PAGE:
Carter Explores Strongholds

Carter_review_20191130Lisa Carter. 2016. The Stronghold. Nashville: Abingdon Press.

Review by Stephen W. Hiemstra

What makes a book a Christian novel? Possibilities include:

  • A leading character is a “Christ figure” or a pastor whose life includes a sacrificial component.
  • God intervenes through circumstances to grow a character (or characters) to realize their potential and they turn to God in gratitude.
  • At least one minor character cites enough Bible verses to warrant their own scriptural index.
  • The hero must overcome a significant character flaw in vanquishing the villain, but relents from physically harming the villain. Instead, encourages the villain to overcome his/her own flaws.

In every case, happy endings rule the Christian novel. In my mind, the ideal Christian character grows to exhibit Christian virtues without speaking them out loud; yet, the context leaves no doubt as to who is ultimately responsible for the growth—subtly is virtue.


The title of Lisa Carter’s novel, The Stronghold, is a double-entendre. One is a tragic flaw; the other a long-forgotten fortress. An estranged couple—a tribal (Apache) police officer and an FBI (Chicano) agent—must work together to find and arrest a serial killer, and, as we learn later, to save their marriage. Much later in the story, we learn that they have strong Christian roots that they have not drawn attention to but live out in a rough and tumble part of Arizona along the Mexican border. Also noteworthy is the role of strong grandmother that brought them together, protected them, and prepared them for their Christian walk in spite of abuse and life-threatening adversity—a divine stronghold.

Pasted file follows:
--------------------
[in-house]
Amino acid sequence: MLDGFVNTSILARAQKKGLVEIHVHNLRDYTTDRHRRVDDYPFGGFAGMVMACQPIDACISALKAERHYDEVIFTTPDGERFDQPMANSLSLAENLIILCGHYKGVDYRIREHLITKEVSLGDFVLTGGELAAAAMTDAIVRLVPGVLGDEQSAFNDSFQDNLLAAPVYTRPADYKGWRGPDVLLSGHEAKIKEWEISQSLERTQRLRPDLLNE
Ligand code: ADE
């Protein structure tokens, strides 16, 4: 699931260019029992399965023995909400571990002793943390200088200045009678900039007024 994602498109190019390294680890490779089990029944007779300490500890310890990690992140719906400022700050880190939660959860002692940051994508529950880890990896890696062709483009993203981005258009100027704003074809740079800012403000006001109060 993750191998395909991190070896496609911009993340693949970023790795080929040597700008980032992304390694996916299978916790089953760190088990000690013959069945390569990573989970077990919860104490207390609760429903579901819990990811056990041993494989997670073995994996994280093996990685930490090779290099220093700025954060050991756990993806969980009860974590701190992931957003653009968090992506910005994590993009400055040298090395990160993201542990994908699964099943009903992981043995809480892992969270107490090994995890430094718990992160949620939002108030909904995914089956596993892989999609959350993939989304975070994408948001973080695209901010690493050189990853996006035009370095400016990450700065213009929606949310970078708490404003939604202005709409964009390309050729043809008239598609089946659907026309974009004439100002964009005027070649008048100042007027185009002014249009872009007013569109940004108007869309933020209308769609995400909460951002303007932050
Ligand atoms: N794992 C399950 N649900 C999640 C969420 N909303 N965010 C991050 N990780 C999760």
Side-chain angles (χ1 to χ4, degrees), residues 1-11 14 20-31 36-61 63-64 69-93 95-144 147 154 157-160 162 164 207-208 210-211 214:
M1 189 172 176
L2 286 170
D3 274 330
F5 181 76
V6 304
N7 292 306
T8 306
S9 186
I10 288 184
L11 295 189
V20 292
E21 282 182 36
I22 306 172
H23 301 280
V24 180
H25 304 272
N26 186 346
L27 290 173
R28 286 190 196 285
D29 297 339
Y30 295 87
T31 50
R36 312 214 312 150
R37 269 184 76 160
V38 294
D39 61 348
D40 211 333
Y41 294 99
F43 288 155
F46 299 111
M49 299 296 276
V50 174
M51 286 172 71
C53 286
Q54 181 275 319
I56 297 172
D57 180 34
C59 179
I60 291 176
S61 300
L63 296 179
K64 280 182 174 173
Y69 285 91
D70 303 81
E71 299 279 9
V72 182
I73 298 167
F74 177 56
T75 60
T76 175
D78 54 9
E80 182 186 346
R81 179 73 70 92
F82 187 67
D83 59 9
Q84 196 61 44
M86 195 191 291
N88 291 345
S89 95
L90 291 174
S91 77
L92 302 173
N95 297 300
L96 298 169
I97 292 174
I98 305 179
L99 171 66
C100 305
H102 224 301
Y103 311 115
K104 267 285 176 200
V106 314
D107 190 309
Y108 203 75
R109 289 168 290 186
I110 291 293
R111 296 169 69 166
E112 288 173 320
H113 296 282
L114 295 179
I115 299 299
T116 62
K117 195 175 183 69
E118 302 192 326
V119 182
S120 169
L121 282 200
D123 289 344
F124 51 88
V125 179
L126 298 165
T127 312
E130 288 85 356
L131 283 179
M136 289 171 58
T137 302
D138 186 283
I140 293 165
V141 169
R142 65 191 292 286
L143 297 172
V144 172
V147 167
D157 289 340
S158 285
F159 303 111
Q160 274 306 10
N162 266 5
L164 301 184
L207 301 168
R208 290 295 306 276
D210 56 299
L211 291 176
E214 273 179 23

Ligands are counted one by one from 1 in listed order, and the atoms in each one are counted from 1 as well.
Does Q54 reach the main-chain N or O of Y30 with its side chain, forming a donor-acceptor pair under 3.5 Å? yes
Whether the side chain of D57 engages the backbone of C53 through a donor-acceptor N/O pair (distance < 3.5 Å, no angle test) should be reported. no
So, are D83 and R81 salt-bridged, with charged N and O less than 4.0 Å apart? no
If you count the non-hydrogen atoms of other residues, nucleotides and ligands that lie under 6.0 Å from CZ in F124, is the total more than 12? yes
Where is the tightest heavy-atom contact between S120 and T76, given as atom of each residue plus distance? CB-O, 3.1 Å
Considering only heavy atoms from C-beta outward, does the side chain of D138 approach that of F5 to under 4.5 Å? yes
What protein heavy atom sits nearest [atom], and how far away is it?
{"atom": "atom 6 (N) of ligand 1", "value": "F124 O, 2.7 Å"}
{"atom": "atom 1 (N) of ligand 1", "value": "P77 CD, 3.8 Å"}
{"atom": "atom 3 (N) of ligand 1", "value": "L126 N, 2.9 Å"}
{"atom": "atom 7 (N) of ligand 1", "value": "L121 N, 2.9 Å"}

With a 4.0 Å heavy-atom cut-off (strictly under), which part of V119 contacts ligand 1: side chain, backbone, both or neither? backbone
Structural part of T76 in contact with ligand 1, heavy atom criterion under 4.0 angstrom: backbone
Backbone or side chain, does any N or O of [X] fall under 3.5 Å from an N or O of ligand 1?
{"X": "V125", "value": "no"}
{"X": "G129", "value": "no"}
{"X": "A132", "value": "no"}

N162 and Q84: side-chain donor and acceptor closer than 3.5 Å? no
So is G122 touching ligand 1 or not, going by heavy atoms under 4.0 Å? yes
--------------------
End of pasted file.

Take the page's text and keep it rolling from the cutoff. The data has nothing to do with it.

Lisa Carter

Lisa Carter describes herself as an author, teacher, speaker, quilter, musician, wife, and mother.[1] I met her at the Virginia chapter[2] of the American Christian Fiction Writer’s[3] annual conference in October 2019 where she served as a conference speaker.

Lisa’s talk interested me enough that I checked out her books in the conference bookstore. The Strongholdcaught my eye because I planned visit my son in Phoenix for Thanksgiving, because I volunteer in Hispanic ministry, and  because I was curious about the romantic suspense genre.[4]


Lisa Carter’s The Stronghold is a classic page-turner that had me crying. The Stronghold offered me a good diversion over break during a five-hour flight, albeit not quite in a single sitting.





[4] Romance Writers of America: Kiss of Death. The website for this award describes it as: The Daphne is a writing contest for published and unpublished authors of romantic suspense, mystery, suspense, and thrillers with romantic subplots and mainstream mystery, suspense, and thrillers.” The sponsors of this award have no religious affiliation.

Carter Explores Strongholds

Also see:

Fukuyama Understands Identity 

Vance Chronicles White Poverty in America

Other ways to engage online:

Author site:, Publisher site:


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